You know the situation: You are halfway through typing a long command (for example a commit message) and realize that you have forgotten to execute some prerequisite command that can not be added with &&. Normally when that happens to me, I select what I have typed with the mouse, copy it to the clipboard, press Ctrl-U to clear the line, run my prerequisite command and paste form the clipboard. But maybe there is a better way, preferably without needing to use the mouse? I'm looking for solutions for bash and/or zsh.

4 Answers 4


After you've used CTRL-U you can use CTRL-Y to paste back what you've erased. It works after erasing a word or a number of words with CTRL-W too.

Note this way you don't really need to copy anything to the clipboard or select it with the mouse - CTRL-U actually yanks the line to a separate clipboard, so to speak.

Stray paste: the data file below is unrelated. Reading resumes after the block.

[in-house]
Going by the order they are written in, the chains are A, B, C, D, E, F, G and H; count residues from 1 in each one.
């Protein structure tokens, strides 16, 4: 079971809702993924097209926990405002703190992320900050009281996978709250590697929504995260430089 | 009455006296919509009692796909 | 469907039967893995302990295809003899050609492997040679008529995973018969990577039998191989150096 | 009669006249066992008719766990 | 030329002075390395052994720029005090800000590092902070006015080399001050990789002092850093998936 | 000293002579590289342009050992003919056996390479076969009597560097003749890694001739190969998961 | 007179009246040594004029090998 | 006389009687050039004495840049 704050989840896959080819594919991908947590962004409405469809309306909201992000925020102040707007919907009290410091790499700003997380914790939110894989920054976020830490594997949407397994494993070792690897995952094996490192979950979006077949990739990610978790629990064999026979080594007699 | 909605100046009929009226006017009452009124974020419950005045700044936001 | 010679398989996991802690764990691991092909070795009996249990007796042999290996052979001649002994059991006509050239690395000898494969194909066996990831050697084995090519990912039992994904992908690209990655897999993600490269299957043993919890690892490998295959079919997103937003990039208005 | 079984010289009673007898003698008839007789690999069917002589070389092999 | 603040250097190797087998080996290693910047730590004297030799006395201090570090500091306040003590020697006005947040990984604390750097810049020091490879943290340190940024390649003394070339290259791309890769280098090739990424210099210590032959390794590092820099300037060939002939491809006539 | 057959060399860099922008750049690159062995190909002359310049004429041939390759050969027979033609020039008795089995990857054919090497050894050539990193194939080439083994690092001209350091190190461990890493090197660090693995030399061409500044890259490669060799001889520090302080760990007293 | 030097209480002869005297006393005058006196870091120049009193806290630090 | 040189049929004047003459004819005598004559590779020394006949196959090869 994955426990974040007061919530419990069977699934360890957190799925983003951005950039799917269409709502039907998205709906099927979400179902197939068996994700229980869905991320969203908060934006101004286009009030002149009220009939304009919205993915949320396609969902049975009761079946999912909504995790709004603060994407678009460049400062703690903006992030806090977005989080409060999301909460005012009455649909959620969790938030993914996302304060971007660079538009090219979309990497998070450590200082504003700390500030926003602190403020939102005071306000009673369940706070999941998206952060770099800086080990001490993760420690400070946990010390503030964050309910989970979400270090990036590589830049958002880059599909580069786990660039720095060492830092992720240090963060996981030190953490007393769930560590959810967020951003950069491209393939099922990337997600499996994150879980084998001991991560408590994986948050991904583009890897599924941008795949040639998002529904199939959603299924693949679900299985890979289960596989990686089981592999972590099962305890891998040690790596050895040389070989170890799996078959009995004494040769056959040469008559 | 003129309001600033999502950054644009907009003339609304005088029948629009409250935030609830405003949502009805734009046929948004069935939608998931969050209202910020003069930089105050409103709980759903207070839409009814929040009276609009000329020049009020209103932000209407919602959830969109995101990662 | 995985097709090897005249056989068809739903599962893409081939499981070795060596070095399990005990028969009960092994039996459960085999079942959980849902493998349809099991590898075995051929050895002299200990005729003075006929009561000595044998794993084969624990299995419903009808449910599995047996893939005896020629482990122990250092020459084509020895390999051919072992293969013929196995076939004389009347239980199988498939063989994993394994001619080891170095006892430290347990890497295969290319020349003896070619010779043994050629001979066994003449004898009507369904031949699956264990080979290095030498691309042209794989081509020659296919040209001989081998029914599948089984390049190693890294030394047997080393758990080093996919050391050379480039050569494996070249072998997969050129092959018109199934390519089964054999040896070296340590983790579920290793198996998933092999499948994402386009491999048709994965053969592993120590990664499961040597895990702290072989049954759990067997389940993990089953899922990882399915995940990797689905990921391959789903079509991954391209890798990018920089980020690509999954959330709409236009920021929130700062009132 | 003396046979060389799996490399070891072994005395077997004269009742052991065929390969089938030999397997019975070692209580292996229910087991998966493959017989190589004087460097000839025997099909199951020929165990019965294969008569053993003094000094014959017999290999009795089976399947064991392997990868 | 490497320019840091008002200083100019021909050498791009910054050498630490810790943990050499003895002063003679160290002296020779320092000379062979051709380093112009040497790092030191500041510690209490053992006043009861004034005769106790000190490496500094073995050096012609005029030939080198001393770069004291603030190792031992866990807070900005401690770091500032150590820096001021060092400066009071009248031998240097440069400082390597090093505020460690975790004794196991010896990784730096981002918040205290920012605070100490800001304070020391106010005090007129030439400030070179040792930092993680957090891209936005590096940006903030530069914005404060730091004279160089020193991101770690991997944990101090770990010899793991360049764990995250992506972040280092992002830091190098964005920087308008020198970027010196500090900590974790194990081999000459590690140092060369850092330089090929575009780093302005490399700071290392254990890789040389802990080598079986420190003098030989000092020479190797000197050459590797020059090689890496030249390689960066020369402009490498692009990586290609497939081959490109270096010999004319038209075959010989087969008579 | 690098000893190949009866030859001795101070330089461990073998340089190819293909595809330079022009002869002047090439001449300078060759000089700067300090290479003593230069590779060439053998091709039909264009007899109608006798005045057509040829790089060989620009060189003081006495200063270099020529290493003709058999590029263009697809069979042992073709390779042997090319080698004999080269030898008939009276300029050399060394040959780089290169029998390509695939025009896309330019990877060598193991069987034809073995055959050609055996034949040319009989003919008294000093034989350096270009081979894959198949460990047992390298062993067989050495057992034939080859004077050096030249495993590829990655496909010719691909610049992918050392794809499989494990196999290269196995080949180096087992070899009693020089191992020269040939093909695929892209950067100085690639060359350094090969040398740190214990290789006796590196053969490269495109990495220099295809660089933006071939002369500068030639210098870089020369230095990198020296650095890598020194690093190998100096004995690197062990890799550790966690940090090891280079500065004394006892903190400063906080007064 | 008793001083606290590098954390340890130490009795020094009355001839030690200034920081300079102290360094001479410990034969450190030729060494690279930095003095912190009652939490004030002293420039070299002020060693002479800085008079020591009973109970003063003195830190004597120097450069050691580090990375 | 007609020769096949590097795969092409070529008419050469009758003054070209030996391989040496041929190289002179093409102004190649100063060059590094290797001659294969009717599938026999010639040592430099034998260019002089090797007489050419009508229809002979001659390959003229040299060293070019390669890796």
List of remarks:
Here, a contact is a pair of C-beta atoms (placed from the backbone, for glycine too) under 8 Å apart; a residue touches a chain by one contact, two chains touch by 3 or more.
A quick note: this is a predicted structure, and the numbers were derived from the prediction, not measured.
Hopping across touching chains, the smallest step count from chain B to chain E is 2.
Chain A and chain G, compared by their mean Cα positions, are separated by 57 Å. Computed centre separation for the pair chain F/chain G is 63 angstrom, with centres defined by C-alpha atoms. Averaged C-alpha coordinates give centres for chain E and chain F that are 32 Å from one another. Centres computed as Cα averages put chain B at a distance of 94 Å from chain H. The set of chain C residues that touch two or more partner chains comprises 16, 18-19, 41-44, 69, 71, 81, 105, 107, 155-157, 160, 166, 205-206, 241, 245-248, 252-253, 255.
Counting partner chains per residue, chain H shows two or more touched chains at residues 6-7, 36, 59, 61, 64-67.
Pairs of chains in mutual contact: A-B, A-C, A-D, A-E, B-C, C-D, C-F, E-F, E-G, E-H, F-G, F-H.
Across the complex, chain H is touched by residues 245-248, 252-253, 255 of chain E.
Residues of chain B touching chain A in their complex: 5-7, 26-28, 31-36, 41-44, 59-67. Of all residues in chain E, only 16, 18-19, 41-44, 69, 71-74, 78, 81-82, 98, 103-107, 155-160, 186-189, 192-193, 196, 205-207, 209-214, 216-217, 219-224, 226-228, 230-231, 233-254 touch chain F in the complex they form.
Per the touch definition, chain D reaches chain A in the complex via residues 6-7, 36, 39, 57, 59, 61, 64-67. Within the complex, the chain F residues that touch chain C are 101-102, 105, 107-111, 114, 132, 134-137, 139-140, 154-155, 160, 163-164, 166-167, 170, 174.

Add a '#' to the beginning of your current line. Hit enter to add the comment to your history. Execute the prerequisite command. Go up to the previous command and delete the #.


This was recently asked and discussed over on SE's Unix & Linux site. My answer explained that if you use zsh as your shell, you can use the push-line feature to stash your command-in-progress away, run something else, then your first command will come back and you can finish it. In .zshrc:

bindkey '^L' push-line

Then use Ctrl+L to suspend the current command and come back to it after running something else.

Several other answers were given including settings for how to do something similar in bash and some customized versions of this builtin in zsh.


You can do Shift-Alt-3 to comment current line and go to the next one. Then you press up, Ctrl-e, Del and tadam!

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